demolition heritage building toronto

Toronto neighbourhood left confused after sudden teardown of heritage buildings

A neighbourhood association is reacting to the sudden demolition of a group of buildings in Toronto's Fashion District — buildings some think should have been protected from such an undignified end.

A group of buildings spanning 8-18 and 47-49 Camden Street was razed over the weekend, despite the site falling within one of the City's Heritage Conservation Districts (HCD) geared towards preventing exactly this kind of mass teardown.

The collection of early-to-mid-20th-century commercial and industrial buildings would have in theory been protected by the King-Spadina HCD established in 2016.

If that wasn't enough, further protection was added when 12 and 18 Camden were added to the City's Heritage Register in 2017.

It turns out none of these protections were enough to save the buildings: The demolition permits actually predate the HCD's establishment by just a few weeks, exempting the buildings from preservation. The Heritage Register listing also came far too late.

City councillor Joe Cressy tells blogTO, "My office heard concerns from neighbours about these demolitions, and I asked Toronto Buildings to send inspectors and look into the issue. The preliminary response that I received from Toronto Buildings is that there appear to be valid demolition permits in the system for these locations, dating back from 2016. However, I am awaiting any further updates following the inspections."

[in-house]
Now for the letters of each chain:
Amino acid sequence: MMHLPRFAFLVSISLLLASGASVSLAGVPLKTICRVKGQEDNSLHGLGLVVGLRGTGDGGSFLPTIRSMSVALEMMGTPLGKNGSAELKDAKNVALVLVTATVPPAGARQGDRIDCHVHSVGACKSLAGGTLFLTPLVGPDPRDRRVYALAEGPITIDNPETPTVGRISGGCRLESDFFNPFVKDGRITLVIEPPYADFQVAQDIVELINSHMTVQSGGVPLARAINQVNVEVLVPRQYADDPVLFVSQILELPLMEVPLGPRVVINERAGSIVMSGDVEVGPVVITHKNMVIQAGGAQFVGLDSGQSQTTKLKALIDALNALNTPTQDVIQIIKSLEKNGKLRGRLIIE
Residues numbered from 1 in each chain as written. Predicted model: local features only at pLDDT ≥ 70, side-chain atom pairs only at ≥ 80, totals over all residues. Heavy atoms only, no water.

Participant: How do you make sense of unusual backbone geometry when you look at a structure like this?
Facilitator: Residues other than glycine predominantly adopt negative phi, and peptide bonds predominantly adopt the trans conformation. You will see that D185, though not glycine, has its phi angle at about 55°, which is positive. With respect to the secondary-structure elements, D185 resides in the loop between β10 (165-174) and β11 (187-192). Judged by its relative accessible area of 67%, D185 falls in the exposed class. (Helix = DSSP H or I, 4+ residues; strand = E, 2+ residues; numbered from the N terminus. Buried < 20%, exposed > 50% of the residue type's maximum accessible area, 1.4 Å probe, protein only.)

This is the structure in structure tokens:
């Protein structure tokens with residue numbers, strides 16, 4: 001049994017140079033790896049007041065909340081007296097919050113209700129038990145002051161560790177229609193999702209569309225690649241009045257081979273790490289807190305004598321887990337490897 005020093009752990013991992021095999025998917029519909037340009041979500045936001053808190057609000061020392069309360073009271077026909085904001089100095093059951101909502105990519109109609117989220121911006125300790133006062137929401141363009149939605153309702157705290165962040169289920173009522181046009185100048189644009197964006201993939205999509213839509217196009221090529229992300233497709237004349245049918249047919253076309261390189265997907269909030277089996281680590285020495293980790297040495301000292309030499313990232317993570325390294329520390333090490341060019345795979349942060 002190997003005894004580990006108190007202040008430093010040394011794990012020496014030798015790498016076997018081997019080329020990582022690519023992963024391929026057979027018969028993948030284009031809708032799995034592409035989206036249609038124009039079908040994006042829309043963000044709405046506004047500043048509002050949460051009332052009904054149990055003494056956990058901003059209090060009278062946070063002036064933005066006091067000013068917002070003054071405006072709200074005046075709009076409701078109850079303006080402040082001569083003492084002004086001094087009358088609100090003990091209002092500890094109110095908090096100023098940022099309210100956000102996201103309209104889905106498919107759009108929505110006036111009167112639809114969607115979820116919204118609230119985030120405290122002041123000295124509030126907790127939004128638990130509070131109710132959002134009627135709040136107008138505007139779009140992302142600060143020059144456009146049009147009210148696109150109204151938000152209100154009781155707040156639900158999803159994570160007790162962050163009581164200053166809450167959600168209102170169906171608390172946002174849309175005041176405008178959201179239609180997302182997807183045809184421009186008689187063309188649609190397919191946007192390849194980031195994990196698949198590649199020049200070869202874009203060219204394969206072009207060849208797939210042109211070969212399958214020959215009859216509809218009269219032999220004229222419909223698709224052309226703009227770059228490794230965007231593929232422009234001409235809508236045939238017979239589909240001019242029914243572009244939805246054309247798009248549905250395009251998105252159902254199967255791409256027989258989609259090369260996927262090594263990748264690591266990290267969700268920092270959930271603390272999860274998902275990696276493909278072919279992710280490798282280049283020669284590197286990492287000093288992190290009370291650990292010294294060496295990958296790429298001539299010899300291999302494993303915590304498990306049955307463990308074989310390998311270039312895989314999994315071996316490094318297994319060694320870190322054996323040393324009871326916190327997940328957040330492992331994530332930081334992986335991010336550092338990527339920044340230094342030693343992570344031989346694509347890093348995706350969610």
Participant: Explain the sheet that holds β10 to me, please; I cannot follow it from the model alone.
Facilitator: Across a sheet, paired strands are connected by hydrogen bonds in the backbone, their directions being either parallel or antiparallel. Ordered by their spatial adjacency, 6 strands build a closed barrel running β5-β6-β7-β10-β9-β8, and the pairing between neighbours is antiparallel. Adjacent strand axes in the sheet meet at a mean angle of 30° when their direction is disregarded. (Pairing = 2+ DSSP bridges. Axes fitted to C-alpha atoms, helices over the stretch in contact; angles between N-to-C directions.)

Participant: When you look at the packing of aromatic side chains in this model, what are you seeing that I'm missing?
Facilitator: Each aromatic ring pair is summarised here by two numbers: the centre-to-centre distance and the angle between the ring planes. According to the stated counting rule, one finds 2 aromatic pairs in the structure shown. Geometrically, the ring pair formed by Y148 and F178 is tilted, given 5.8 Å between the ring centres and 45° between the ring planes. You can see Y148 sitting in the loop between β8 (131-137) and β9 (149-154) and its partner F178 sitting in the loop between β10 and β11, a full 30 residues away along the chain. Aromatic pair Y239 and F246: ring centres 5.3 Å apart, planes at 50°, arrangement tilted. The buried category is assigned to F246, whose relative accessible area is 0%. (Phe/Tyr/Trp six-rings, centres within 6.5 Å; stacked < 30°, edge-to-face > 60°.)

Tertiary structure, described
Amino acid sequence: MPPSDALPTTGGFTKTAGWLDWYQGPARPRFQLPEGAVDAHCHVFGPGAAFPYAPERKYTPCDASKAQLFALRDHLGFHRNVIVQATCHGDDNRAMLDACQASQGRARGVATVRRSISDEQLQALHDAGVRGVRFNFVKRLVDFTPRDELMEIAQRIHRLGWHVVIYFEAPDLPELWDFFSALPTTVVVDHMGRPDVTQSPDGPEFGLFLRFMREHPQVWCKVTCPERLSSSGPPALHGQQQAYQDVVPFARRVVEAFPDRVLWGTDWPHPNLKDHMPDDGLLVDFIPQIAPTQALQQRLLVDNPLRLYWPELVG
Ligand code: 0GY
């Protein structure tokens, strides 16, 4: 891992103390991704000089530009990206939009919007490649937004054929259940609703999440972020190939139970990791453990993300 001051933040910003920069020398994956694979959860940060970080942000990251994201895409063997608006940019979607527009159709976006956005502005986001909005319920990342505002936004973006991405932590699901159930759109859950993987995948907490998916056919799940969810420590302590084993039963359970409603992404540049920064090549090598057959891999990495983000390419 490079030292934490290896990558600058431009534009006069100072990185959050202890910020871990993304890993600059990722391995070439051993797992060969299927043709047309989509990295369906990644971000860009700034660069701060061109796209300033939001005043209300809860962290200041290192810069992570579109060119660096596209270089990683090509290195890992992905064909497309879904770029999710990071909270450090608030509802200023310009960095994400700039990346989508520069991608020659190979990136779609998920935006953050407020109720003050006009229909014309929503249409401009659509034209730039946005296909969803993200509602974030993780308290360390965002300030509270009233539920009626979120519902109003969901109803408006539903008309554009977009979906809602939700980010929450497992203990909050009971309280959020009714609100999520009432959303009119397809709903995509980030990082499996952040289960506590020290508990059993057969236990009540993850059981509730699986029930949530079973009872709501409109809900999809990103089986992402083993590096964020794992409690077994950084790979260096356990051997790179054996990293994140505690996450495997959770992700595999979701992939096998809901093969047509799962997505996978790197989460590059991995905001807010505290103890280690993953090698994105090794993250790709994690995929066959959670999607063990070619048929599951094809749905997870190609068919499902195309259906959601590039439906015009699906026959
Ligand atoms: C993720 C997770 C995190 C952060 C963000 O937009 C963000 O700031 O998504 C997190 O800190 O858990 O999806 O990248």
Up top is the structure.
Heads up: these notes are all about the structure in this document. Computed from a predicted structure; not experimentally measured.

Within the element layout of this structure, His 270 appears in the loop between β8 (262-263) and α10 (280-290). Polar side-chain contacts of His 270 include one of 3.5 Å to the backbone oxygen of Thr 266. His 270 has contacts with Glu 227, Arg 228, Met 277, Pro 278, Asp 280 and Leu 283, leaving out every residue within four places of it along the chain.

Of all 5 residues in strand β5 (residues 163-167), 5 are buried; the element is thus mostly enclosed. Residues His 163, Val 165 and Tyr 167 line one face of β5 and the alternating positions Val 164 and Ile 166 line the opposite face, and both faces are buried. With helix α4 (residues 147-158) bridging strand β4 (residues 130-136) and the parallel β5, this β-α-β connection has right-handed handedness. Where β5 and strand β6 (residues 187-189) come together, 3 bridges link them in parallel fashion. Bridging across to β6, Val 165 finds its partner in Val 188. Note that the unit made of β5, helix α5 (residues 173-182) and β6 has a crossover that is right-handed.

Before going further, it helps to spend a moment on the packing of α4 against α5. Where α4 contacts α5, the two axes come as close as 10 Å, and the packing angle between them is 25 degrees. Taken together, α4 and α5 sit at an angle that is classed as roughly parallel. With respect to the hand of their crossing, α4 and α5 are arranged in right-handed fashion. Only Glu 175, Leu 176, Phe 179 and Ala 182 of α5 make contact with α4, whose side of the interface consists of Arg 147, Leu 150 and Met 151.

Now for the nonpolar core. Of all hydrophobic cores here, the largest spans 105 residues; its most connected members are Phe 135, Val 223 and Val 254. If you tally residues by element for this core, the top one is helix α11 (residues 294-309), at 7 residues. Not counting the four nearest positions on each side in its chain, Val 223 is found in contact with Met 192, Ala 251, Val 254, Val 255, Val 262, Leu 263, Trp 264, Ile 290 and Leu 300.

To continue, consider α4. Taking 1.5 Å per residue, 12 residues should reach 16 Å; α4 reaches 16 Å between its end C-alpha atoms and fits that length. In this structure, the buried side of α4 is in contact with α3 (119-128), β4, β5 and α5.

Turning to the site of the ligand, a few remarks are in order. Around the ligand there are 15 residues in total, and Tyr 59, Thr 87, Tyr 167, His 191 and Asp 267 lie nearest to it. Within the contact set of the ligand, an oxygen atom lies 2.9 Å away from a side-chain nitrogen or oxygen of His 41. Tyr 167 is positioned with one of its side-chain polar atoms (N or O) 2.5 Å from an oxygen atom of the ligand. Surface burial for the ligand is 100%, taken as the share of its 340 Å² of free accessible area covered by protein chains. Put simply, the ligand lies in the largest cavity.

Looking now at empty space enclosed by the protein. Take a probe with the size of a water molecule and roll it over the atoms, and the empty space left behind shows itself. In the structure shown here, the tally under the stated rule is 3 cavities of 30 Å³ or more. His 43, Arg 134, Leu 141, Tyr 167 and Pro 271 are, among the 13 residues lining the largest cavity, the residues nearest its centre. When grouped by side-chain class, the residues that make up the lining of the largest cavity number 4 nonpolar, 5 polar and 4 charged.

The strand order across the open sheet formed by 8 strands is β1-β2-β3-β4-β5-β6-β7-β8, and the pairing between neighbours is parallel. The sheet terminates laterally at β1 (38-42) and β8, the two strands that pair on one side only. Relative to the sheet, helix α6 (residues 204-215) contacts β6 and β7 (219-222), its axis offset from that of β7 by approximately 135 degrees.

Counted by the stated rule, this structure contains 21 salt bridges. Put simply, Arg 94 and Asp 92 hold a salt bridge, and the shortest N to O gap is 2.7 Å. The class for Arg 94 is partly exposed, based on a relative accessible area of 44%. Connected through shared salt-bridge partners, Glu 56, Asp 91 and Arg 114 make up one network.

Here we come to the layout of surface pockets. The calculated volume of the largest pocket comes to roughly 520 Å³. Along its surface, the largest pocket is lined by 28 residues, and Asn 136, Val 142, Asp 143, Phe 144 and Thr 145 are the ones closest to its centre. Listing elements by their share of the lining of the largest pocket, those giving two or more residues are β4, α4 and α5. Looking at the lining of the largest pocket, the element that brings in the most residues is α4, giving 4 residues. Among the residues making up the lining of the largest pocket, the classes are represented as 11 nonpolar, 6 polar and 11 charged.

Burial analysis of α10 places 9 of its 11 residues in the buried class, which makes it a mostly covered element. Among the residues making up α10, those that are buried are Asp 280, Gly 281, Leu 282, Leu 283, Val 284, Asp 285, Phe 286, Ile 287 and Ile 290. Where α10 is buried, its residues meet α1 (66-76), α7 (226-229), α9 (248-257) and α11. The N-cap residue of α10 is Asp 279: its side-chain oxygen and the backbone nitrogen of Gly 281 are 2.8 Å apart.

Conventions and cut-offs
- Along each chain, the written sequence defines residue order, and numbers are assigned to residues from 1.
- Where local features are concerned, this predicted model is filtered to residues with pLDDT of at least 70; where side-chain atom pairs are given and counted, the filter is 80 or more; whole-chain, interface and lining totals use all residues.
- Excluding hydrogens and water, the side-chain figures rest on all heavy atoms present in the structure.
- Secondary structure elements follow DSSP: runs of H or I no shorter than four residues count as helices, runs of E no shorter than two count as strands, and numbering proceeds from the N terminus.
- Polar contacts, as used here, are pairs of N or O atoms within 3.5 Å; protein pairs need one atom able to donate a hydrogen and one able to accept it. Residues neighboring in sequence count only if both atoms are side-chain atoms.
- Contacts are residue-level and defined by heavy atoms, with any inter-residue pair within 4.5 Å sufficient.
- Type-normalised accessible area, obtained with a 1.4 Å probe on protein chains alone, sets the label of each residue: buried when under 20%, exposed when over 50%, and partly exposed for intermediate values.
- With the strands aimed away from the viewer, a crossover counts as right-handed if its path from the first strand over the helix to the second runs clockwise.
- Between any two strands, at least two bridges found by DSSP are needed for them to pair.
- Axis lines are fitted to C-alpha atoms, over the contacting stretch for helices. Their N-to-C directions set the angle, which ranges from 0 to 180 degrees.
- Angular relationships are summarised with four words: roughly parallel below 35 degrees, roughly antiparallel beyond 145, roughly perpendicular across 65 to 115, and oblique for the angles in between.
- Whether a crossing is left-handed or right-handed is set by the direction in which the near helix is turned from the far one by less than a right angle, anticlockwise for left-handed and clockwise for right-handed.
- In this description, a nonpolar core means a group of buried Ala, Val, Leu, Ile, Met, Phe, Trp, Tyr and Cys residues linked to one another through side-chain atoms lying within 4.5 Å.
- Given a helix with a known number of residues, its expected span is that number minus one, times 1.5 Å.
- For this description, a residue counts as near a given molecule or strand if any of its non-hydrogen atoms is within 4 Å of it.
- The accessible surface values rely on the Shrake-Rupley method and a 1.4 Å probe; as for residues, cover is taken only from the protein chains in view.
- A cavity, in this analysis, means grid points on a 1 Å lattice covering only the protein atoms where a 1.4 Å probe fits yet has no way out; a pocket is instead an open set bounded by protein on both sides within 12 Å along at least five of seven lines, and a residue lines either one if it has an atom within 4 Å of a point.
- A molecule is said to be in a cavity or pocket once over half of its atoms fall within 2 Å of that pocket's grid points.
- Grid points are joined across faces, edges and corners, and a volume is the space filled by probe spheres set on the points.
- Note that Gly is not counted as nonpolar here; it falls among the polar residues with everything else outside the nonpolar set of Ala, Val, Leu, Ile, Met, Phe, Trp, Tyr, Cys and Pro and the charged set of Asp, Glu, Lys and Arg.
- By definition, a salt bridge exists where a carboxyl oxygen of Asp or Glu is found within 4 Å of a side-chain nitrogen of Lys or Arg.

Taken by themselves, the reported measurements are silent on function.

"Early Saturday morning crews and equipment started to simultaneously demolish five properties on Camden Street," said Valerie Eggertson, Secretary and Founder of the GDNA. "The GDNA immediately contacted its Councillor's office and received information that those properties indeed had demolition permits."

demolition heritage building toronto

Early stages of demolition captured on Saturday morning. Photo by Valerie Eggertson.

A resident of Camden Street herself, Eggertson is especially concerned about the loss of the area's defining character and the demolished buildings' contribution to the HCD it occupies.

The permits predate the establishment of the HCD, and while they were not carried out until recently, the timing of these permits exempts the building from the HCD’s protections.

"With Camden Street now part of an HCD, any demolition would normally need further approval, except, in this case, the permits were issued in 2016 before the HCD came into effect."

How the demolition was carried out is another concern raised by the GDNA, evoking memories of the Stollerys demolition in 2015.

"Buying up properties with exempt demolition permits certainly bypasses any such inconvenience developing these properties," Eggertson says.

"The GDNA is aware of the ownership of these properties, a developer whose two submissions to the LPAT have recently been either rejected or appealed on the basis of heritage."

A quick search on the City's lobbyist registry reveals the project is tied to Lamb Development Corp.

Eggertson says that "the GDNA has dealt with many developers who work WITH the community, maybe with some headaches for the developer but with a more acceptable end product."

Photos by

Valerie Eggertson

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